The effectiveness of teaching structured ideation to high school engineering design students

Shawn Farrington, Purdue University


This study explored the effectiveness of teaching structured ideation to high school engineering design students. Ideation allows for quality ideas and opportunities to fuel the engineering design process, but requires abstract thought and focus to be highly effective. The quasi-experimental study was conducted with high school students in two Midwestern U.S. high schools (School A and School B) that teach a pre-engineering and technology curriculum called Project Lead the Way with at least two sections of Introduction to Engineering Design to make a comparison. Participants of this study received ideation criteria in a lectured based format and had 30 minutes to ideate. The criteria given to the comparison group came from Project Lead the Way. The structured criteria for the treatment group was synthesized from IDEO and The Stanford Design School. It was hypothesized that structured ideation guidelines will improve how many ideas the student teams (n=39) developed and if unusual ideas were included. The study found that the treatment group developed significantly more ideas than the comparison group in School A, but not School B. The treatment groups did not include significantly more unusual ideas at either school. It was concluded that because the treatment had a statistically significant effect at School A, and the difference in mean ideas at School B was so slight, the treatment was not worse at producing more ideas or including unusual ideas.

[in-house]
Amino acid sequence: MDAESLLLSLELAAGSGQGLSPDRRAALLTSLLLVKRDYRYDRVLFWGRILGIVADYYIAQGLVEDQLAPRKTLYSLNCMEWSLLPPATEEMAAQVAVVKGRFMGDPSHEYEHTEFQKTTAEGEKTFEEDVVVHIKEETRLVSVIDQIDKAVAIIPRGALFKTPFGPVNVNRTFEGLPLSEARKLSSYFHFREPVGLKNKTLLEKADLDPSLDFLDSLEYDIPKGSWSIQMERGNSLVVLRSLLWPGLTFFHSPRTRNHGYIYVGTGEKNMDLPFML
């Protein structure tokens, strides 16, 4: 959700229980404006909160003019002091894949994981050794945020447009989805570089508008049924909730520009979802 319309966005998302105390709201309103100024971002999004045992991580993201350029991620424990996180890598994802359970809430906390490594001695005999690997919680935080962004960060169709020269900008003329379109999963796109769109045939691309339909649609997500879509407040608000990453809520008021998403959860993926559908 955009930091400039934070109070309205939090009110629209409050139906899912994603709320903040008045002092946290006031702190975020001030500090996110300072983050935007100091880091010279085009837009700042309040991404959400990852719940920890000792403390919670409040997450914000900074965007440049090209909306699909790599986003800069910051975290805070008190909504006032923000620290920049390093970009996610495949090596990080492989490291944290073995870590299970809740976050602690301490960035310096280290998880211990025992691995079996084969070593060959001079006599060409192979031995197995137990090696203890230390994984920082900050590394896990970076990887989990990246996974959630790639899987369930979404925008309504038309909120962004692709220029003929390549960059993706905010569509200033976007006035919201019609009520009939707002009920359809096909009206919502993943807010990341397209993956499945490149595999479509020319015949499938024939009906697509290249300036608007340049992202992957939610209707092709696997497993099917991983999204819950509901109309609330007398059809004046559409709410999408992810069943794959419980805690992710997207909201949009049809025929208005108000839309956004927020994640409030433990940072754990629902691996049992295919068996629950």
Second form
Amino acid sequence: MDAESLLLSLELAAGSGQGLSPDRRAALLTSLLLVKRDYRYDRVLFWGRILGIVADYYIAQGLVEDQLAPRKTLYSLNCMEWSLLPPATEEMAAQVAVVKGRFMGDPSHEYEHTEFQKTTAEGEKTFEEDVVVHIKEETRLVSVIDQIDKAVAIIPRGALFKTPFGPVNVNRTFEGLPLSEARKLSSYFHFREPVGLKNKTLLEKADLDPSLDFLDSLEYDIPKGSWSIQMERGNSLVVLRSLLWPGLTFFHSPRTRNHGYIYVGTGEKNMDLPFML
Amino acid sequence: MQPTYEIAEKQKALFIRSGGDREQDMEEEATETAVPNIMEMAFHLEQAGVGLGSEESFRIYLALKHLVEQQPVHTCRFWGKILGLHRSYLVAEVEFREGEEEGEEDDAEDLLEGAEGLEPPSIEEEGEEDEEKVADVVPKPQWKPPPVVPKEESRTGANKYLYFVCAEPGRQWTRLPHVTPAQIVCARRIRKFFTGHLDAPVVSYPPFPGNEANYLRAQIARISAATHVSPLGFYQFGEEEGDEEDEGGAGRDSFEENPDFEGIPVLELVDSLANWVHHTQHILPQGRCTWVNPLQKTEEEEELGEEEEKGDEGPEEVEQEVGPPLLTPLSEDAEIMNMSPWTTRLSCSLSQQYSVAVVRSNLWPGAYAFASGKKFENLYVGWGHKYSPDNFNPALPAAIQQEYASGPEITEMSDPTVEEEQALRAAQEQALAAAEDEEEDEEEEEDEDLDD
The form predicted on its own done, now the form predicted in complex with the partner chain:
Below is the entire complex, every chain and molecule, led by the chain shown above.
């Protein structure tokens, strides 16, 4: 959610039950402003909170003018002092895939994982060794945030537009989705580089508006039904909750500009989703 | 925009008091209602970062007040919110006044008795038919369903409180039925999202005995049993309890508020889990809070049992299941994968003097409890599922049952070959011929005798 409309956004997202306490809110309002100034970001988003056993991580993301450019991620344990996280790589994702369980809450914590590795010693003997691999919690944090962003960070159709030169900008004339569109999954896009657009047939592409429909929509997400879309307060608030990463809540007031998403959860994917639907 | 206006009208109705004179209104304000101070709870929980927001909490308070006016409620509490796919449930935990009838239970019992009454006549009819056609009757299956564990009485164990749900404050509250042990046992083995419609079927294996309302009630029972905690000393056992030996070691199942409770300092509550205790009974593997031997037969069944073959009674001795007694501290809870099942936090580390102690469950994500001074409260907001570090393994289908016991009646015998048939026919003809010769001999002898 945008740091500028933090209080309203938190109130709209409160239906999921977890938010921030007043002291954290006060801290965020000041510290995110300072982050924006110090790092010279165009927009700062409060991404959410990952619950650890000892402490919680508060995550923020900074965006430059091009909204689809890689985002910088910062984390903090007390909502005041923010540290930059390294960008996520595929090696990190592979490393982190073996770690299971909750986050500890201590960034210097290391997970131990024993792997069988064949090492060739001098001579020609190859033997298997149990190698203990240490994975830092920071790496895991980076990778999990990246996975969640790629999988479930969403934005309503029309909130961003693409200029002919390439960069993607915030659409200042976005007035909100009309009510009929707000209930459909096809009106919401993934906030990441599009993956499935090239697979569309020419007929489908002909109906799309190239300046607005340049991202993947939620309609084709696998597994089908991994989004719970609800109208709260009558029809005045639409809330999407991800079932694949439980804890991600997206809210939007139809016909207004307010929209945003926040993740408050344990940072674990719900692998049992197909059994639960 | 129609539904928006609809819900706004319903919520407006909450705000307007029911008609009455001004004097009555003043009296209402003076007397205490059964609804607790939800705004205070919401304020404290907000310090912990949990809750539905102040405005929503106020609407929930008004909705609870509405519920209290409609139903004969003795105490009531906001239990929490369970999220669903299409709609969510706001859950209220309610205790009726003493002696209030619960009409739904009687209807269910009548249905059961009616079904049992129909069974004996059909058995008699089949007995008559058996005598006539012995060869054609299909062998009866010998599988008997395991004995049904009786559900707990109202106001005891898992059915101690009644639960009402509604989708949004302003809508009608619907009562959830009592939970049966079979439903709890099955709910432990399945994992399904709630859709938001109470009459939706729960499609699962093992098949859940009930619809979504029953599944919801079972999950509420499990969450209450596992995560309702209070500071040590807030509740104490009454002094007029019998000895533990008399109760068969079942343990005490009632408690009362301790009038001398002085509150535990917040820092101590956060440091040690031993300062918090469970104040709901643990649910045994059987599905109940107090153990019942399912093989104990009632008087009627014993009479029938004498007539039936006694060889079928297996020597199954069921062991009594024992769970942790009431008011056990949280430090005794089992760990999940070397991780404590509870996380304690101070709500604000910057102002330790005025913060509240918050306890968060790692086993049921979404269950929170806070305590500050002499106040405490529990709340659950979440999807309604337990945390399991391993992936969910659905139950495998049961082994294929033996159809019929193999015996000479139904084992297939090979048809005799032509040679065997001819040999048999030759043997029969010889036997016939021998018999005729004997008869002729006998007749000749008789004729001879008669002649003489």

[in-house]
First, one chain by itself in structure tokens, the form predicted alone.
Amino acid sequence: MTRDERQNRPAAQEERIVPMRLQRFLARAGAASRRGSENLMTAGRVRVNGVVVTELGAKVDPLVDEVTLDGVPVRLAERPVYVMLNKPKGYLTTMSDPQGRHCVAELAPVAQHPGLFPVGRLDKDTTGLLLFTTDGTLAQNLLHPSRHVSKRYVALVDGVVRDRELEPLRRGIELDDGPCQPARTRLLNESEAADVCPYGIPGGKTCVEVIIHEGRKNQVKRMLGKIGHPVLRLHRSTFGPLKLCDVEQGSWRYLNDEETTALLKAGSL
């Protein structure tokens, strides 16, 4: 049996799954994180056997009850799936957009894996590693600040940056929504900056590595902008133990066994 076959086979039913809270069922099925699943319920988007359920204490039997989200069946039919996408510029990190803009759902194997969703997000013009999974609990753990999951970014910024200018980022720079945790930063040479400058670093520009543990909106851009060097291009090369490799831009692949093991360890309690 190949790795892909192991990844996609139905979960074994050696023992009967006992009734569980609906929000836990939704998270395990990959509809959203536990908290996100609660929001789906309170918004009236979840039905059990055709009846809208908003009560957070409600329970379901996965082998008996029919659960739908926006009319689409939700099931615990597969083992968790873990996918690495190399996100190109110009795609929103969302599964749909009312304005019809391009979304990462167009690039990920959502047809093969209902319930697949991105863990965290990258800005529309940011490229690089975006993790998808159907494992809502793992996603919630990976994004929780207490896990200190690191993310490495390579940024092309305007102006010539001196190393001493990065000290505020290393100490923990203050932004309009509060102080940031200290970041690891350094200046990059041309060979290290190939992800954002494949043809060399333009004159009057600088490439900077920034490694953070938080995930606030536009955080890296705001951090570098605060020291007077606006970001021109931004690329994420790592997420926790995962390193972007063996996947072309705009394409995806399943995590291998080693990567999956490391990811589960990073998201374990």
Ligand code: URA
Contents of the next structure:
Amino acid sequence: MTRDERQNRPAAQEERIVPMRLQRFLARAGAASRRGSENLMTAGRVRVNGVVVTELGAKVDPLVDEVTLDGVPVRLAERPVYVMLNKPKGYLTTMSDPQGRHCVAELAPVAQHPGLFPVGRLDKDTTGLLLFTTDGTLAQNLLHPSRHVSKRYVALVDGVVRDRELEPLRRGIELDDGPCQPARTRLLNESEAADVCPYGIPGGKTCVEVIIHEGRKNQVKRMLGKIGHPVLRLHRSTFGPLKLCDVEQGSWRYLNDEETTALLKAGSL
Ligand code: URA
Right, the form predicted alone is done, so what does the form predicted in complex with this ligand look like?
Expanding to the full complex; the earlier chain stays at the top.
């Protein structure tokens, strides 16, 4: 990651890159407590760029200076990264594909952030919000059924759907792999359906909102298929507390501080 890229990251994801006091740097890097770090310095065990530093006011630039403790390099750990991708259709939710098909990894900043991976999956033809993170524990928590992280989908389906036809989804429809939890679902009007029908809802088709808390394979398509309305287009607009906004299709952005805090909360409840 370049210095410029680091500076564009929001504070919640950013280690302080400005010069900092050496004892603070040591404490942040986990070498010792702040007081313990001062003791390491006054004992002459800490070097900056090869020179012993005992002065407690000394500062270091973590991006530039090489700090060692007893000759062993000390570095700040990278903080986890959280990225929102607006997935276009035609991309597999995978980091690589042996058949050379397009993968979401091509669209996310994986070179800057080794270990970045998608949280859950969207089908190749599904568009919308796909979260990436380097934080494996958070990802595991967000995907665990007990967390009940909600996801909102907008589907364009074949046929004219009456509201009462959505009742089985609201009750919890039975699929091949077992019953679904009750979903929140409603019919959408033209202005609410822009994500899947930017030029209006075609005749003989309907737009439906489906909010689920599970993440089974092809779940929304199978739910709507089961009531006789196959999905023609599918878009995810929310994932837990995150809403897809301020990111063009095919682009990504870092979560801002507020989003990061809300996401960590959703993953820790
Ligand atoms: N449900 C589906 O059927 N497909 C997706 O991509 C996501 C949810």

Mentzer, Purdue University.

Subject Area

Design|Secondary education|Science education

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